Tuesday, 5 February 2013


Biffy Clyro

Mon the Biff! A magnificent collection of distinctive stadium rock anthems. 

The first thing that's worth mentioning is that this album took the number 1 spot in the UK Album Chart for it's first week (week ending February 3rd), and is also the fastest-selling album this year so far. And boy does it more than deserve that. Opposites, the 6th studio effort by the Scots trio, is lyrically intricate, rocky, tender, beautiful, downright odd and overall, glorious. n.b. Biffy released 2 versions of the album, a 14-track single album, and a 20-track double album (the full version) - this review covers the double.

Over time, Biffy have been developing the kind of sound that suits festival headline spots and stadiums down to a T, and Opposites is very much the pinnacle of this progression. There are some truly huge anthems to be had across both discs, such as single Black Chandelier, Biblical and Stingin' Belle, that are custom-made to get huge crowds deafeningly chanting the choruses or jumping within the first 3 notes of a riff. The latter of those 3 is particularly rousing, breaking into a ludicrously uplifting score of what else but bagpipes at its close. As if you ever wondered where they were from. But the use of bagpipes only breaks the surface of how far Biffy push their own boundaries in terms of sound.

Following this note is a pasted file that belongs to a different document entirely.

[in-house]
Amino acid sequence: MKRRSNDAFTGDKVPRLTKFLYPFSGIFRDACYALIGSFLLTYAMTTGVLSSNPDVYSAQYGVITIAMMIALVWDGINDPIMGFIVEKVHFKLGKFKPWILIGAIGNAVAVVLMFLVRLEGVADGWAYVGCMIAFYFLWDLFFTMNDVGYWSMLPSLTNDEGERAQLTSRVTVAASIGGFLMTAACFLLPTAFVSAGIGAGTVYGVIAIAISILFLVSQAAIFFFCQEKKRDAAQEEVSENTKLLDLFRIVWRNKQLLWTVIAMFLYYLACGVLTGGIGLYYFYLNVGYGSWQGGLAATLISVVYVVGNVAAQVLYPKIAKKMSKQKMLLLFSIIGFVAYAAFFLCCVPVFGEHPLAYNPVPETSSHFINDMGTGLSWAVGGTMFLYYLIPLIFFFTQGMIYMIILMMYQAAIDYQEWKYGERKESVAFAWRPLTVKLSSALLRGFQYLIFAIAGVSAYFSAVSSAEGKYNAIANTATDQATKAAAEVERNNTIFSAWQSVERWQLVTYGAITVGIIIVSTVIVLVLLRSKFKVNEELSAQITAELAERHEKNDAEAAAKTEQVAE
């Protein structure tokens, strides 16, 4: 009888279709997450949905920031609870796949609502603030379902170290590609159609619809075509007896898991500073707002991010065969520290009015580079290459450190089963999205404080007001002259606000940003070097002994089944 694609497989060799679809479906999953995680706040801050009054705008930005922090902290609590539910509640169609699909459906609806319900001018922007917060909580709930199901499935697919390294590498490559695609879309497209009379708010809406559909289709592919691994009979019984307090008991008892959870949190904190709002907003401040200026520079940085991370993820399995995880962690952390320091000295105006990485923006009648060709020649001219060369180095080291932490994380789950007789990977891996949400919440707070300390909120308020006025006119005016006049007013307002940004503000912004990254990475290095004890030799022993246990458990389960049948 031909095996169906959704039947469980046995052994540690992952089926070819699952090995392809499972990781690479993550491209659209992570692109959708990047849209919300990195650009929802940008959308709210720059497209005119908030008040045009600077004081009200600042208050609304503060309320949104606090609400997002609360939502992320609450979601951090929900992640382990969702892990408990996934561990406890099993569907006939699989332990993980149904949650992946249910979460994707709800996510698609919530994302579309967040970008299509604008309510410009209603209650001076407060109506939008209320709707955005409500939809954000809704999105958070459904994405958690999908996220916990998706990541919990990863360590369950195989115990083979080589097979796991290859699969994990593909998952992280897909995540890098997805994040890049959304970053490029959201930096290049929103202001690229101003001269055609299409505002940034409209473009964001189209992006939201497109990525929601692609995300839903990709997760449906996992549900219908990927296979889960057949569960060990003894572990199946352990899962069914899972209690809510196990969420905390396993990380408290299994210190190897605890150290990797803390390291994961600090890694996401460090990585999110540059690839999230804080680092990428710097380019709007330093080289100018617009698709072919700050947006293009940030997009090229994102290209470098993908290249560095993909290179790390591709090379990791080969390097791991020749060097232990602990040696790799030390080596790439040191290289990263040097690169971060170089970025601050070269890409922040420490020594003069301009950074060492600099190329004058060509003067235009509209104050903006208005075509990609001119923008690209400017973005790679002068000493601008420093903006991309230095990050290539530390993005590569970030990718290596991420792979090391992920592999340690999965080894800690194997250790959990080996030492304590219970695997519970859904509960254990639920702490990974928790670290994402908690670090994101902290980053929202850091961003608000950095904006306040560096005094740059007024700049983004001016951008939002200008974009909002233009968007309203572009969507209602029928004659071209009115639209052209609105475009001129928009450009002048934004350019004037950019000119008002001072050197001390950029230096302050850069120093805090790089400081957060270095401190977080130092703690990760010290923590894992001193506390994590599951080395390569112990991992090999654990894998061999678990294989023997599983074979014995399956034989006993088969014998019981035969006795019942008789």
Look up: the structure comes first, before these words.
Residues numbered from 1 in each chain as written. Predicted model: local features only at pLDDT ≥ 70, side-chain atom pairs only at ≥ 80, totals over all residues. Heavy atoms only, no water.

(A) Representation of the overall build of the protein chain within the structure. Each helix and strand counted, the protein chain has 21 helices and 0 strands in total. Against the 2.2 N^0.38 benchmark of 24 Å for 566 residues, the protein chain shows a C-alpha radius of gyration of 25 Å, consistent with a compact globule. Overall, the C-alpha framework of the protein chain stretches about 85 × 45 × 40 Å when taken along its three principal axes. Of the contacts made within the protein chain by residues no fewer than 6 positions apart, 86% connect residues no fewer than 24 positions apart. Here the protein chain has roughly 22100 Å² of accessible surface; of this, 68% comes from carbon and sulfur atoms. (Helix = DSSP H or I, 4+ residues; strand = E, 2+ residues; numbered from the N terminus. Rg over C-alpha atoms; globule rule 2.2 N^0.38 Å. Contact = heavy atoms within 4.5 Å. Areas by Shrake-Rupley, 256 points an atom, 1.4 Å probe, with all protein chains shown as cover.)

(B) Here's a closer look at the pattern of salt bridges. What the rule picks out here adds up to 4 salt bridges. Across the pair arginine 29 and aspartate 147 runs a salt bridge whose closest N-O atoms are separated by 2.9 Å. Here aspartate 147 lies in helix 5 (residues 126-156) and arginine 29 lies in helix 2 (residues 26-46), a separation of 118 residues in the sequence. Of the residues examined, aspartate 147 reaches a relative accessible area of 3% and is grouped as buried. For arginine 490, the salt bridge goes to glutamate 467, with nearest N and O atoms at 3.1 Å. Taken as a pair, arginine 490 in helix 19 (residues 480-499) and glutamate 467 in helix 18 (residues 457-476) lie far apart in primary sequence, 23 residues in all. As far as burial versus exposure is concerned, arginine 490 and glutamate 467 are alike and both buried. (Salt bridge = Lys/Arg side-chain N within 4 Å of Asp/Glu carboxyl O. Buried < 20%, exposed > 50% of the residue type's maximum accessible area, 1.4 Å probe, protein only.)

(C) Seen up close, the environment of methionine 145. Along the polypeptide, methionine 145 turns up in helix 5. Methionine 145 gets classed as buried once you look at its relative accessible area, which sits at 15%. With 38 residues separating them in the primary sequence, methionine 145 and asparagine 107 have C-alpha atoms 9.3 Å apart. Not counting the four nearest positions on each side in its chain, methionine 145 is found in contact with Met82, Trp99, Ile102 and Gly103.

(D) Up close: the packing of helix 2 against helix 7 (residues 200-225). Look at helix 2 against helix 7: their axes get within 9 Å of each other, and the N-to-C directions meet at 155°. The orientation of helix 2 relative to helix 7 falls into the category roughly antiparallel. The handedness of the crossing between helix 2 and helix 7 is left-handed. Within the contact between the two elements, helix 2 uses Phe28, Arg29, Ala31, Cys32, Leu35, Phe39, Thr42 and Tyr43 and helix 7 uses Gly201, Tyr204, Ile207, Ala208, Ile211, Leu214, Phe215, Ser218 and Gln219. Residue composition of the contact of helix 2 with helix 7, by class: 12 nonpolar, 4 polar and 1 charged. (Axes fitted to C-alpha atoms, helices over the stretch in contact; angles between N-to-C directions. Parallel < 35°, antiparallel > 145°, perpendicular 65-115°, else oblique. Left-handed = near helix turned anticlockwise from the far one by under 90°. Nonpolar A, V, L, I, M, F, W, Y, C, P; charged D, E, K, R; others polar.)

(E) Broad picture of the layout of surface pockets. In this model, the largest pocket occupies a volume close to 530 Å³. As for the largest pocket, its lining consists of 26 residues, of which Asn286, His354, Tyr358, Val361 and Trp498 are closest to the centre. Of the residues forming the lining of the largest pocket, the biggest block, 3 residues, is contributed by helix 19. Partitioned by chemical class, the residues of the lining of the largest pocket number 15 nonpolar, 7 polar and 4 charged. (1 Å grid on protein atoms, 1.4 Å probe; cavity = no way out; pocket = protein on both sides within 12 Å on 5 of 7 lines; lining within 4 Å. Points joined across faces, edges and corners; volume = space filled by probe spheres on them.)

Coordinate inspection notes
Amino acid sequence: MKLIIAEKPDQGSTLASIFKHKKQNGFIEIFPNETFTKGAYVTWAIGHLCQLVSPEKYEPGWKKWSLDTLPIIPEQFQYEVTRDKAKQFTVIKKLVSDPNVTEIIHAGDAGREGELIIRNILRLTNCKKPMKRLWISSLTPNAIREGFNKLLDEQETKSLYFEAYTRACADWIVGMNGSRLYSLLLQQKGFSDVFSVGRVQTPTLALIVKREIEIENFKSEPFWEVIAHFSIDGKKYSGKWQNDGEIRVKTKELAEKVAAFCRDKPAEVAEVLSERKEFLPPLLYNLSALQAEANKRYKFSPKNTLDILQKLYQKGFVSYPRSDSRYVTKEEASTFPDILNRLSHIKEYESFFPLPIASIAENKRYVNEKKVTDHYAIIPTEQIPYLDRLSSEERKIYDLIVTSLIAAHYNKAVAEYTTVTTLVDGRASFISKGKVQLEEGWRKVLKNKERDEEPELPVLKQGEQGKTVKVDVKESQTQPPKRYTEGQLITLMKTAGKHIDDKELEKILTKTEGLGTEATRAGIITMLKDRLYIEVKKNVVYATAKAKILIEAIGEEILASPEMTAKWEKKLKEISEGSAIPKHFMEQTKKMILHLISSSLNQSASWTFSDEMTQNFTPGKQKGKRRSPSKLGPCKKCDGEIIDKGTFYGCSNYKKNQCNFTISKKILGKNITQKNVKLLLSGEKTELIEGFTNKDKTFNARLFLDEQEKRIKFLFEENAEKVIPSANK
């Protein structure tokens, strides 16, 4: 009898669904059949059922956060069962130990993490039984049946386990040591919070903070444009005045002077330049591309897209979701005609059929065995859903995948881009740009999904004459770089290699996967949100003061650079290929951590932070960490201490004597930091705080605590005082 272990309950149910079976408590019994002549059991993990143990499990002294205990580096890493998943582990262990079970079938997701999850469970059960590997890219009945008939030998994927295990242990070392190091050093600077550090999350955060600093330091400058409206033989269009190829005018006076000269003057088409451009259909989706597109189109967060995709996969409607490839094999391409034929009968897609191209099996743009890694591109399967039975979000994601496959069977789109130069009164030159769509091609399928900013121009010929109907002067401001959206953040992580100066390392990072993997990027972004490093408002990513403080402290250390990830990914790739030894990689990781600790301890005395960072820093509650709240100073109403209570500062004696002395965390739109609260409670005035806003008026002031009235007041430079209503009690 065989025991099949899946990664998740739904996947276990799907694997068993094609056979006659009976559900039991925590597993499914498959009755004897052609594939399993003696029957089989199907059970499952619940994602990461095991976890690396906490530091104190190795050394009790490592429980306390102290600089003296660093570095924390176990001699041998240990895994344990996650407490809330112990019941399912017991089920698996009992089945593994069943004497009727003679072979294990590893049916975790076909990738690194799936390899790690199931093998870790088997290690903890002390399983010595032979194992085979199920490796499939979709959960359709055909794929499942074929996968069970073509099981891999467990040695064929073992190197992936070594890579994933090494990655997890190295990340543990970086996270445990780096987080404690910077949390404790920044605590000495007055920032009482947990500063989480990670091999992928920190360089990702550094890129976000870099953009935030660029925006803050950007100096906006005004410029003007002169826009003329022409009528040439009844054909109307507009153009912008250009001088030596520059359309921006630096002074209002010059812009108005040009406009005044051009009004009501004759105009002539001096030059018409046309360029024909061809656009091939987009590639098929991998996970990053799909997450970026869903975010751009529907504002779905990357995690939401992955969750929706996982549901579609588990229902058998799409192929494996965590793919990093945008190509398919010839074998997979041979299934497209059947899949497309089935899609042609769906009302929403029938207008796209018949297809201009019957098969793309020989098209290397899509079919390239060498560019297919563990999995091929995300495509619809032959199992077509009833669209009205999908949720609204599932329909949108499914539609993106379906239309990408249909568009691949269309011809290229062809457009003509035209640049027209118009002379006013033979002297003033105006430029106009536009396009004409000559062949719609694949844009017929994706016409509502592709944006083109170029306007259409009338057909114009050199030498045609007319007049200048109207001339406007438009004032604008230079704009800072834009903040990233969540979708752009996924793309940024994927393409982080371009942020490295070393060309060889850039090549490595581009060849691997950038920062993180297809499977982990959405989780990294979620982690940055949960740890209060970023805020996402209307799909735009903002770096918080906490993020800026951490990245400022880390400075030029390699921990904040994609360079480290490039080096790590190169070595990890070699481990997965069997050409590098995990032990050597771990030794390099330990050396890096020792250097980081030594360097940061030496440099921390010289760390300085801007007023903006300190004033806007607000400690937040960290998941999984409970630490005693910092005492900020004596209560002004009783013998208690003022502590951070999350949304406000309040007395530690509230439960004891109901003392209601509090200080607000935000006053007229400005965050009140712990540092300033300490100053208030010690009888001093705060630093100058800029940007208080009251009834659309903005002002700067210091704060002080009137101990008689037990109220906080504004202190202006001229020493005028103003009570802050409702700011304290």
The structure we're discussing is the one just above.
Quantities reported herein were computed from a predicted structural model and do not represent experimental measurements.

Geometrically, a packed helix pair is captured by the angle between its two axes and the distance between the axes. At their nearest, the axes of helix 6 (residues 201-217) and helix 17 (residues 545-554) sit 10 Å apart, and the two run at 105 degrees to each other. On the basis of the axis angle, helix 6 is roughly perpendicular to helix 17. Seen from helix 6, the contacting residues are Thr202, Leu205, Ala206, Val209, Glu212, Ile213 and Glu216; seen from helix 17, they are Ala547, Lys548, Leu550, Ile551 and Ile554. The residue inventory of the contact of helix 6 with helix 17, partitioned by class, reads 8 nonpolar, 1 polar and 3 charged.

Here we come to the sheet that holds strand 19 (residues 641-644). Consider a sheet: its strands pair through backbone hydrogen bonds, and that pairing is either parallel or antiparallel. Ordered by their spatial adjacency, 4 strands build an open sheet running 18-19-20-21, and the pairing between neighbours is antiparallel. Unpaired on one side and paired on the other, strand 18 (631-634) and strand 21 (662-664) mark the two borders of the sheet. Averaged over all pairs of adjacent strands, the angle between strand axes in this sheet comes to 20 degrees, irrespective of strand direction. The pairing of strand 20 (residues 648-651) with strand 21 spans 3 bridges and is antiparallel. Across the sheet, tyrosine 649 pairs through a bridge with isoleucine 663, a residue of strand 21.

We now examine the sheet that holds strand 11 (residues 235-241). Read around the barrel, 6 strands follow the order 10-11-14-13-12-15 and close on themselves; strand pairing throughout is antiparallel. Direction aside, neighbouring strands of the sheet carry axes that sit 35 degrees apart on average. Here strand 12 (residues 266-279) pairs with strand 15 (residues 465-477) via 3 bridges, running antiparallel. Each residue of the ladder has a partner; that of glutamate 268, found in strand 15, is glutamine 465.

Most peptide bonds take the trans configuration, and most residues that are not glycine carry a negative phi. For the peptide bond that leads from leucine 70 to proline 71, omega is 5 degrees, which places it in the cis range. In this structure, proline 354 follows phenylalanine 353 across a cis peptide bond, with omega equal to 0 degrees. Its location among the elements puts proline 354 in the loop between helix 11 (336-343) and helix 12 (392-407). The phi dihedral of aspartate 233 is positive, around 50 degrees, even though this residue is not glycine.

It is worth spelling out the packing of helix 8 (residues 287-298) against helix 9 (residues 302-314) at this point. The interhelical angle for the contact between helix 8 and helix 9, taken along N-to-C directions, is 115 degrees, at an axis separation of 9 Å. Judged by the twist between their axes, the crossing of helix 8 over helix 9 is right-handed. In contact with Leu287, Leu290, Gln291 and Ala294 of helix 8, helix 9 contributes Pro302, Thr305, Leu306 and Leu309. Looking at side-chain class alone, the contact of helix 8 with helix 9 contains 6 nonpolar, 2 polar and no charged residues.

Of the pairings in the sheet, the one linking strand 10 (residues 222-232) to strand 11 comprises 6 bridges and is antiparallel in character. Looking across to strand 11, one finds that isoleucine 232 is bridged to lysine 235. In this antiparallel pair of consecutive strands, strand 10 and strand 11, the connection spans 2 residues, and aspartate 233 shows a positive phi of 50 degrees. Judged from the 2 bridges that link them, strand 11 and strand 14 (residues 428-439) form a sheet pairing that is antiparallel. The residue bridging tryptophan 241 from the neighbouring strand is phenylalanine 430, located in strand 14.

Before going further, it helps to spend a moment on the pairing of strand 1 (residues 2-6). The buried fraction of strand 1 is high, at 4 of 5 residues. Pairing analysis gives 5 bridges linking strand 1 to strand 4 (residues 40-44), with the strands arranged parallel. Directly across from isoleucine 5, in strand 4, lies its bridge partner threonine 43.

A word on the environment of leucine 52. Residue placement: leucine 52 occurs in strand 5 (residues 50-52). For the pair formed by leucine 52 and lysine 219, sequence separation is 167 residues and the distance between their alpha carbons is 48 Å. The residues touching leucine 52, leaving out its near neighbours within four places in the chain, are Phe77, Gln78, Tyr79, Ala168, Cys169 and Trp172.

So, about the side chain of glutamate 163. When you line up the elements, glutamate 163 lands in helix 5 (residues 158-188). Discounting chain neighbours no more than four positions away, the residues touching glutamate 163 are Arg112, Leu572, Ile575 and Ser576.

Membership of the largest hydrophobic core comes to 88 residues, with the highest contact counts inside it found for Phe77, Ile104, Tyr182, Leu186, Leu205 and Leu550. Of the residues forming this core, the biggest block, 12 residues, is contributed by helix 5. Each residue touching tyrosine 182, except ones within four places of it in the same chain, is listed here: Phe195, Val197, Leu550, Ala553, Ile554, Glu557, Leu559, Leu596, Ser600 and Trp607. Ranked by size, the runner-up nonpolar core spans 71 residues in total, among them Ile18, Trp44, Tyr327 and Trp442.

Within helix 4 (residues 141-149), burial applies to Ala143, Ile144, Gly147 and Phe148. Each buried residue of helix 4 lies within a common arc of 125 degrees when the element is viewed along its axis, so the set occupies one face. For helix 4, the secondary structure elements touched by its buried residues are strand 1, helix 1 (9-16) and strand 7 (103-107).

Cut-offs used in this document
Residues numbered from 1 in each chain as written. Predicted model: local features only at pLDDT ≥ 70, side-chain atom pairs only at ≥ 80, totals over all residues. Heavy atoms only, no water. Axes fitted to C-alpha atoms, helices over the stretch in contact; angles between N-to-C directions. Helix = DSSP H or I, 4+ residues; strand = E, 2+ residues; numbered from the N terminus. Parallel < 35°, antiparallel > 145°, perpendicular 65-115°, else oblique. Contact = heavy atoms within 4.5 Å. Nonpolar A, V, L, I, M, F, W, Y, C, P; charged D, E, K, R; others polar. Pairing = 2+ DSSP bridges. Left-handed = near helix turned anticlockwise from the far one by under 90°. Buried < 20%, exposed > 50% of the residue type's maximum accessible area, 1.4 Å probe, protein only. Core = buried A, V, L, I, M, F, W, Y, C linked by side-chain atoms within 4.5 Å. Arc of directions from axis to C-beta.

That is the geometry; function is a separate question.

Never ones to be pigeonholed, there is such a huge variety of alternative styles within Opposites, one of the things that sets Biffy apart. The Fog, for example, employs a spooky, almost baroque organ sound with electronic undertones, with a stunning dark crescendo at the end that will send shivers down you; Sounds Like Balloons, underlined by a quirky, stuttering riff, sees harps creep in; and one of the highlights of both albums, Spanish Radio, actually uses a mariachi band in conjunction with the guitars and drums. Mad and brilliant. 

The Sand At The Core Of Our Bones (disc 1) and The Land At The End Of Our Toes (disc 2) are very different in style; The Sand... takes on a much darker, more menacing tone than the uplifting sense behind The Land... - indeed, it's where the name Opposites comes from, with each disc acting as the antithesis of the other. But, together, it's brilliant. Rather than feeling too long, it's perfectly balanced, and at its' core, it's pure Biffy - off-beat riffs, oft-nonsensical yet beautifully flowing and clever lyricism, and personally deep to each band member but with a grand sound that brings them to the high point they were destined for. An amazing record. 

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